Somewhat ominously, ASIC has foreshadowed it will be taking steps to strengthen compliance with the Regime in the coming year and it remains to be seen what this will entail. With the significant increase in the number of reports received (and noting that a majority of these reports related to deemed rather than actual significant breaches), it remains to be seen how ASIC will triage these reports to ensure breaches which have caused loss to clients and/or are indicative of systemic issues within an organisation are being appropriately identified and dealt with, rather than being obscured by the voluminous reporting received in respect of other Reportable Situations that are objectively less significant.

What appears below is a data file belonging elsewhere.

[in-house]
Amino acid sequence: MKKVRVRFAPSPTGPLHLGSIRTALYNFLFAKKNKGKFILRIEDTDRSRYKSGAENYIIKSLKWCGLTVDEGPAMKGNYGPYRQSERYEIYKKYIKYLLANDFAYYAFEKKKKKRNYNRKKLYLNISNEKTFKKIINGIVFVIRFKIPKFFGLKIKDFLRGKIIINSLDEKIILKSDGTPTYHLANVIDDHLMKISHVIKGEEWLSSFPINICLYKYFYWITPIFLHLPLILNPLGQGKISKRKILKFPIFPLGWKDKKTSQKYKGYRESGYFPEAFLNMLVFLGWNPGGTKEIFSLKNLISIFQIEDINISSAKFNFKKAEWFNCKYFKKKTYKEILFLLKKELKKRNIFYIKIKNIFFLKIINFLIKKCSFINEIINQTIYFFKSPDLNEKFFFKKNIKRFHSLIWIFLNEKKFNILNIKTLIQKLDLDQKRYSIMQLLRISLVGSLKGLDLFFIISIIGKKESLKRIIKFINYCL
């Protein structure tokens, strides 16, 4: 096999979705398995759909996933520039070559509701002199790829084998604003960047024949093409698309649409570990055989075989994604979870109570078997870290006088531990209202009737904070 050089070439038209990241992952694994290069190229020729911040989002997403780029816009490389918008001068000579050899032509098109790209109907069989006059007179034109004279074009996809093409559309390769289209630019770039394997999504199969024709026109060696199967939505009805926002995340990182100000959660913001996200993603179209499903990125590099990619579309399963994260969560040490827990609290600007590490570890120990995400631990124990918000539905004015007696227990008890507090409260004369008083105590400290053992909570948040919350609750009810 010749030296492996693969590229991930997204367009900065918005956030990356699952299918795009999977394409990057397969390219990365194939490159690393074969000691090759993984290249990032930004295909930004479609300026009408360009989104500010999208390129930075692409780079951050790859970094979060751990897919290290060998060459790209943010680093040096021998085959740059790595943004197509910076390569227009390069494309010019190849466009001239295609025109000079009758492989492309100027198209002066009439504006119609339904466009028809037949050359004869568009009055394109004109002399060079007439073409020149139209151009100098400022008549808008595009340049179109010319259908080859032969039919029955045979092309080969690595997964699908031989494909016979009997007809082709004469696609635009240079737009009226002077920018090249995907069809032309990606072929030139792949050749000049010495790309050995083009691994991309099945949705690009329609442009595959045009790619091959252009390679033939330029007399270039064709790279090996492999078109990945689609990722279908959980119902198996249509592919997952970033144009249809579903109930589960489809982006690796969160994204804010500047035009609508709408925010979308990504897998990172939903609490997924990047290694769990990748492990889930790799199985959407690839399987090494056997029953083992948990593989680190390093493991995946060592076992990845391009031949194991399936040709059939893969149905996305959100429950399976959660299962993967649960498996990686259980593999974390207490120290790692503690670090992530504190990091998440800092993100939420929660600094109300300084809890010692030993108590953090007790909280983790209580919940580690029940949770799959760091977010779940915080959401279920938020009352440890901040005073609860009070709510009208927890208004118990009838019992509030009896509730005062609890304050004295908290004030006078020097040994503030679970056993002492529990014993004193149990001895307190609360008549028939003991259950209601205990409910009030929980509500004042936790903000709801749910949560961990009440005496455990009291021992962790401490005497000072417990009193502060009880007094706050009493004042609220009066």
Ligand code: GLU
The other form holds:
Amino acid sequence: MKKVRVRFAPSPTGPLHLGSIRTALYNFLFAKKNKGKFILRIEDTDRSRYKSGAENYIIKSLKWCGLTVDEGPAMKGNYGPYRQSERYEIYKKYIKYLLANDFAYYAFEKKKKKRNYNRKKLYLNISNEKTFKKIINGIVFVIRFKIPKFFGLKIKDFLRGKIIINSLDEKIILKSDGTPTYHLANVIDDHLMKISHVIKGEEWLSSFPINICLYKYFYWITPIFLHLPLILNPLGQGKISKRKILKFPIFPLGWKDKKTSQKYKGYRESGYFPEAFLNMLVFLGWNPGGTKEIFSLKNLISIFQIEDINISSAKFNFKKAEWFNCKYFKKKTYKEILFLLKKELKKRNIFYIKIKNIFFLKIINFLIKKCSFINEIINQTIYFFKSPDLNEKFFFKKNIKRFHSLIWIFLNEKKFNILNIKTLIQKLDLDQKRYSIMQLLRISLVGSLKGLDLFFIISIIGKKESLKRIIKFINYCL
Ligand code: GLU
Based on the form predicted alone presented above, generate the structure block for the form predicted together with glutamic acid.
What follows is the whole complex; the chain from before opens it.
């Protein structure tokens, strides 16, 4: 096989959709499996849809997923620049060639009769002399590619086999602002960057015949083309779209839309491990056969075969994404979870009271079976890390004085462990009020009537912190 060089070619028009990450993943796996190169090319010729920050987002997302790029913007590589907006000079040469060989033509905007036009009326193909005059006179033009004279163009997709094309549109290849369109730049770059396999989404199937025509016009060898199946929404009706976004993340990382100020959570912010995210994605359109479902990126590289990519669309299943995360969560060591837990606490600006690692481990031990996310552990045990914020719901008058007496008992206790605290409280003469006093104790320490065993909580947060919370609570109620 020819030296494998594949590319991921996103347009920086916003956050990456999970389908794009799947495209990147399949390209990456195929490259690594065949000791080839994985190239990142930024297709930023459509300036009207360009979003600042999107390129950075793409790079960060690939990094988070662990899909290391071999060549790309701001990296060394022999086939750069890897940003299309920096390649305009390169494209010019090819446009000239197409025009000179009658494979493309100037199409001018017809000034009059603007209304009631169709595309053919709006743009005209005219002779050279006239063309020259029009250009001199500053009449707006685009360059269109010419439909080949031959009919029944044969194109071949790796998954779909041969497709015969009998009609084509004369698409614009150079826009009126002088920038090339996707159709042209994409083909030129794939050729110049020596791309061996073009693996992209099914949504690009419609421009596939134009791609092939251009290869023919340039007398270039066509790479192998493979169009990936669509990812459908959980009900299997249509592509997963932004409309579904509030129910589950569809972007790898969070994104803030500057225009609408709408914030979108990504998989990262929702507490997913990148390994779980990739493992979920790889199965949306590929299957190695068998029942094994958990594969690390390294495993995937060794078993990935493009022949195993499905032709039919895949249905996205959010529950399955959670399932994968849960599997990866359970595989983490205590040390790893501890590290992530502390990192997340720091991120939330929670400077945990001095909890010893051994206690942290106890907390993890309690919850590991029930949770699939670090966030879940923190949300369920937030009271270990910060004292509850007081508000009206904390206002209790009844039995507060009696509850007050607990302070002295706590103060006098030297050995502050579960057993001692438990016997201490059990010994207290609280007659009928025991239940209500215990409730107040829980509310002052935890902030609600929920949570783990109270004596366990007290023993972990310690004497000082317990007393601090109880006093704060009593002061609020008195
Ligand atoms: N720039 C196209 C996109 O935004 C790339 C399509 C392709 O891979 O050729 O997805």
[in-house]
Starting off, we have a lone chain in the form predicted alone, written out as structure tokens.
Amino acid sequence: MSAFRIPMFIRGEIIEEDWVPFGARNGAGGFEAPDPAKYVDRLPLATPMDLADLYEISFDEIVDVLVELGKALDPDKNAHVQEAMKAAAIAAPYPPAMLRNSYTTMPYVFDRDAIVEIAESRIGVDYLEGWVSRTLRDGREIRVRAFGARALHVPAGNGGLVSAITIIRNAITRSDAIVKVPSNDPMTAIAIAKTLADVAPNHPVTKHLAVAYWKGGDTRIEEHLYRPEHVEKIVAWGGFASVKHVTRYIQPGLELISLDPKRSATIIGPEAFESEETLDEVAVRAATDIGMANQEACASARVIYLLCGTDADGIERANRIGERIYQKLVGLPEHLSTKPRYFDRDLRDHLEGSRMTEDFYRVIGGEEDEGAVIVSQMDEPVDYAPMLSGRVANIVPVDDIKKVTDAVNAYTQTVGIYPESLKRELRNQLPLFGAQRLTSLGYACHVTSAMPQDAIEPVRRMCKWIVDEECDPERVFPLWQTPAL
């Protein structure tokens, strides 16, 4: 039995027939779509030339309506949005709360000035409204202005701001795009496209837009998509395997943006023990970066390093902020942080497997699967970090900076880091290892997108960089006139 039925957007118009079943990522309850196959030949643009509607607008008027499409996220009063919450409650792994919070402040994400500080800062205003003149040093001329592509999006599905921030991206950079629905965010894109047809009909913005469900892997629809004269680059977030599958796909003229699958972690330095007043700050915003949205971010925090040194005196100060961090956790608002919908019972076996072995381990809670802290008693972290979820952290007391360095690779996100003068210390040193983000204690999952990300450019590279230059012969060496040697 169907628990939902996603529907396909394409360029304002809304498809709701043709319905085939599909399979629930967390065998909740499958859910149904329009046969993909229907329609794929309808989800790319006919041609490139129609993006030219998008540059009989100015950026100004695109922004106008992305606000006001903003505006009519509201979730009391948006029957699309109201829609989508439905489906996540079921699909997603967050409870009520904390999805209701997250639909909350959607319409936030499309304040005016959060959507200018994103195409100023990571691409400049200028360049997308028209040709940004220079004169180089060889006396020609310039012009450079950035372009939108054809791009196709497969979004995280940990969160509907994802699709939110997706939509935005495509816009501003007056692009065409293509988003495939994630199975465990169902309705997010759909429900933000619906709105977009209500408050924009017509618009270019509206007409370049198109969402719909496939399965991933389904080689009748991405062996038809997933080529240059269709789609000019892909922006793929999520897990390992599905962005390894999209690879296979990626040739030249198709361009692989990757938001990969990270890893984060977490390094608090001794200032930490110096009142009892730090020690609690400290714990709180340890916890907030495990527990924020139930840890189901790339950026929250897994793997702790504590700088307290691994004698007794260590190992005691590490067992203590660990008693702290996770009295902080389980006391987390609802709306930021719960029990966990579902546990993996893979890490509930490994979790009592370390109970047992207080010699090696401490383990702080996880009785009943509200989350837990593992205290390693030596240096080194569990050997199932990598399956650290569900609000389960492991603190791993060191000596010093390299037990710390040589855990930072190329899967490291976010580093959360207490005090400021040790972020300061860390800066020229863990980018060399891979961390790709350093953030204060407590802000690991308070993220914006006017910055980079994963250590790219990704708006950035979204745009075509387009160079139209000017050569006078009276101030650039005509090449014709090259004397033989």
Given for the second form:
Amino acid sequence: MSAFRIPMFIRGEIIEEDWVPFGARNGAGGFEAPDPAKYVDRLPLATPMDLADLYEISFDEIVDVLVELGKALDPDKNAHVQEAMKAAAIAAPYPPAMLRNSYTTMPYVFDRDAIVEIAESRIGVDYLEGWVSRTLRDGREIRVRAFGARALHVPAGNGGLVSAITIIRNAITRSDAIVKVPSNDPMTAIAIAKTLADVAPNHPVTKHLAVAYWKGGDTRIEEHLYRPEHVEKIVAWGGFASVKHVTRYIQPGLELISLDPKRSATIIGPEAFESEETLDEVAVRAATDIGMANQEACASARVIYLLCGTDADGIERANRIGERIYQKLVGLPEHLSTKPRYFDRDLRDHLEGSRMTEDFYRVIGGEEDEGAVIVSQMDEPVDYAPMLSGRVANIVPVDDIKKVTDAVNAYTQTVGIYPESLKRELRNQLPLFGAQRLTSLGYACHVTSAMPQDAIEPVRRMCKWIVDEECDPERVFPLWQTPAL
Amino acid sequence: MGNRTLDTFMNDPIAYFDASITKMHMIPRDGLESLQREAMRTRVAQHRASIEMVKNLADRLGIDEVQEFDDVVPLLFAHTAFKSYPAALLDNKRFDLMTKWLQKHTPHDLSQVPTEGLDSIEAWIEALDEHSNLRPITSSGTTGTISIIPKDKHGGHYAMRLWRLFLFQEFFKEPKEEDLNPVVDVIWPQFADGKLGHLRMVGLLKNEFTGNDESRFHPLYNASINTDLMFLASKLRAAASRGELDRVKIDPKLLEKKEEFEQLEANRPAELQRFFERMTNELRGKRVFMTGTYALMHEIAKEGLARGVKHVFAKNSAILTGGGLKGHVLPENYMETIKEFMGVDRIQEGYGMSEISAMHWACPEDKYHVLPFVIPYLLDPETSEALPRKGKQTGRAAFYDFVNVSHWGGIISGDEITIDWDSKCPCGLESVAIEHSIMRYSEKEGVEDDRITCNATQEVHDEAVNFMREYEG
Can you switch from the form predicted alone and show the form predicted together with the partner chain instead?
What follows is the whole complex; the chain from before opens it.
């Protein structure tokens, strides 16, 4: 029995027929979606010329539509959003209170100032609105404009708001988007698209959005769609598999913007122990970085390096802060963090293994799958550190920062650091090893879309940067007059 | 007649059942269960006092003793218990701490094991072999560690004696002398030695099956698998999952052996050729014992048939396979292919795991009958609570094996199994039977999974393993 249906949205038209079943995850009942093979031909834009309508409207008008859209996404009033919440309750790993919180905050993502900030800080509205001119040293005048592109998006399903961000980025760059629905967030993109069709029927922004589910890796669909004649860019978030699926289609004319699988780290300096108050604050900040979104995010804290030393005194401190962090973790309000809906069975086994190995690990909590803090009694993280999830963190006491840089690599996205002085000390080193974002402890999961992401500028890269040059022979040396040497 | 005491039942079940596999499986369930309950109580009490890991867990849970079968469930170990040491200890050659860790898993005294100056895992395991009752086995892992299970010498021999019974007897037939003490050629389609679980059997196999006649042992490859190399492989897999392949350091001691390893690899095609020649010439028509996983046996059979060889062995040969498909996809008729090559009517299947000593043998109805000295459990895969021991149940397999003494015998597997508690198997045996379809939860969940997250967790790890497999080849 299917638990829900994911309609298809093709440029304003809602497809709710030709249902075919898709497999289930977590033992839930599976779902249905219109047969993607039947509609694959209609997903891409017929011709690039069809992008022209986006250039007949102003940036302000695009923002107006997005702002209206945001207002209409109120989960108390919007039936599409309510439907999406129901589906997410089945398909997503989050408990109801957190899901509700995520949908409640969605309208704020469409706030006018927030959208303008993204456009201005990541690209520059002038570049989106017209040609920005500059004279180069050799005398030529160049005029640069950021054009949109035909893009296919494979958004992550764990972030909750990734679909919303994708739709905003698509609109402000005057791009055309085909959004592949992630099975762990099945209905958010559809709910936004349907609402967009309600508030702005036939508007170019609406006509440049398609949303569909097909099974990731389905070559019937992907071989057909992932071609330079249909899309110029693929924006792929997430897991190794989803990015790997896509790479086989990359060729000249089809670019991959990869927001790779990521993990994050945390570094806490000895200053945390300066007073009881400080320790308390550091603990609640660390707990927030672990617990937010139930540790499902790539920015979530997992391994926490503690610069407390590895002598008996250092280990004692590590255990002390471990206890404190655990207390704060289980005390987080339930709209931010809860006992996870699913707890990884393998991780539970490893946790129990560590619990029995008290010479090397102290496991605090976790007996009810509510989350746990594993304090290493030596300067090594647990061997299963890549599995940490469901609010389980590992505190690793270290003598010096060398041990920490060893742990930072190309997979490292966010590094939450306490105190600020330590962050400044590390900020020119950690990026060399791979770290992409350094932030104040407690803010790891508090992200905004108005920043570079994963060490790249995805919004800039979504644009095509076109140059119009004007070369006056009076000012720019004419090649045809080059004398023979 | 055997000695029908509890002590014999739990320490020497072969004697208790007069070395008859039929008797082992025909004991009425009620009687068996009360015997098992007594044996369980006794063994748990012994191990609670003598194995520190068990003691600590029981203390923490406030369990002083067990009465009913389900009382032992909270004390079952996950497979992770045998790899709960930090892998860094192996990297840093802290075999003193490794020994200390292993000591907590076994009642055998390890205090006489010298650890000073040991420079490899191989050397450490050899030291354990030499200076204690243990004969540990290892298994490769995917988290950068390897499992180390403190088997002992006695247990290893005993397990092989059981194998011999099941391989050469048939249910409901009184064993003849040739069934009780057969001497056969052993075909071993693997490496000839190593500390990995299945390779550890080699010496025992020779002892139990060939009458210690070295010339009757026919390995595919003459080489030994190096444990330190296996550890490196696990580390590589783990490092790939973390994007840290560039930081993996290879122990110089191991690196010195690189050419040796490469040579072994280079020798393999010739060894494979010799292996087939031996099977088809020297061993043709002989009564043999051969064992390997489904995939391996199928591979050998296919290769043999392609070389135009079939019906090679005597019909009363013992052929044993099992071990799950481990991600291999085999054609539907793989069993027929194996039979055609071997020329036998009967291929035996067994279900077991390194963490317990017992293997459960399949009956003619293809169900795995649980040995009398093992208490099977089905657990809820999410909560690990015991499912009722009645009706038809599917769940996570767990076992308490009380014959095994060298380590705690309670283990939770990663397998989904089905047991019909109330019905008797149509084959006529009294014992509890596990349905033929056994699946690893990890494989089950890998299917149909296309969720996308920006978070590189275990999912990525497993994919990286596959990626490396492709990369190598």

How are licensees identifying and investigating breaches?

Figure 1 shows the breakdown of the most common identification triggers of Reportable Situations during the Reporting Period. About 79% of these came from the relevant licensee's internal sources. ASIC noted there were some inconsistencies between licensees when identifying a trigger as an 'internal' as opposed to an 'external' source, and said it will provide guidance to encourage greater consistency among licensees.

Figure 1: Top identification triggers of a breach

On average, it took licensees 380 days to identify and commence an investigation. The average is skewed because of the 1,567 reports (18%) that have taken over a year to identify and commence an investigation. ASIC noted it is particularly concerned with these reports, including 582 reports that have taken over five years to identify and commence an investigation (and noting that one of the key drivers of the new Regime was to avoid the situation under the old breach reporting regime where licensees were in some cases taking years to investigate and report breaches).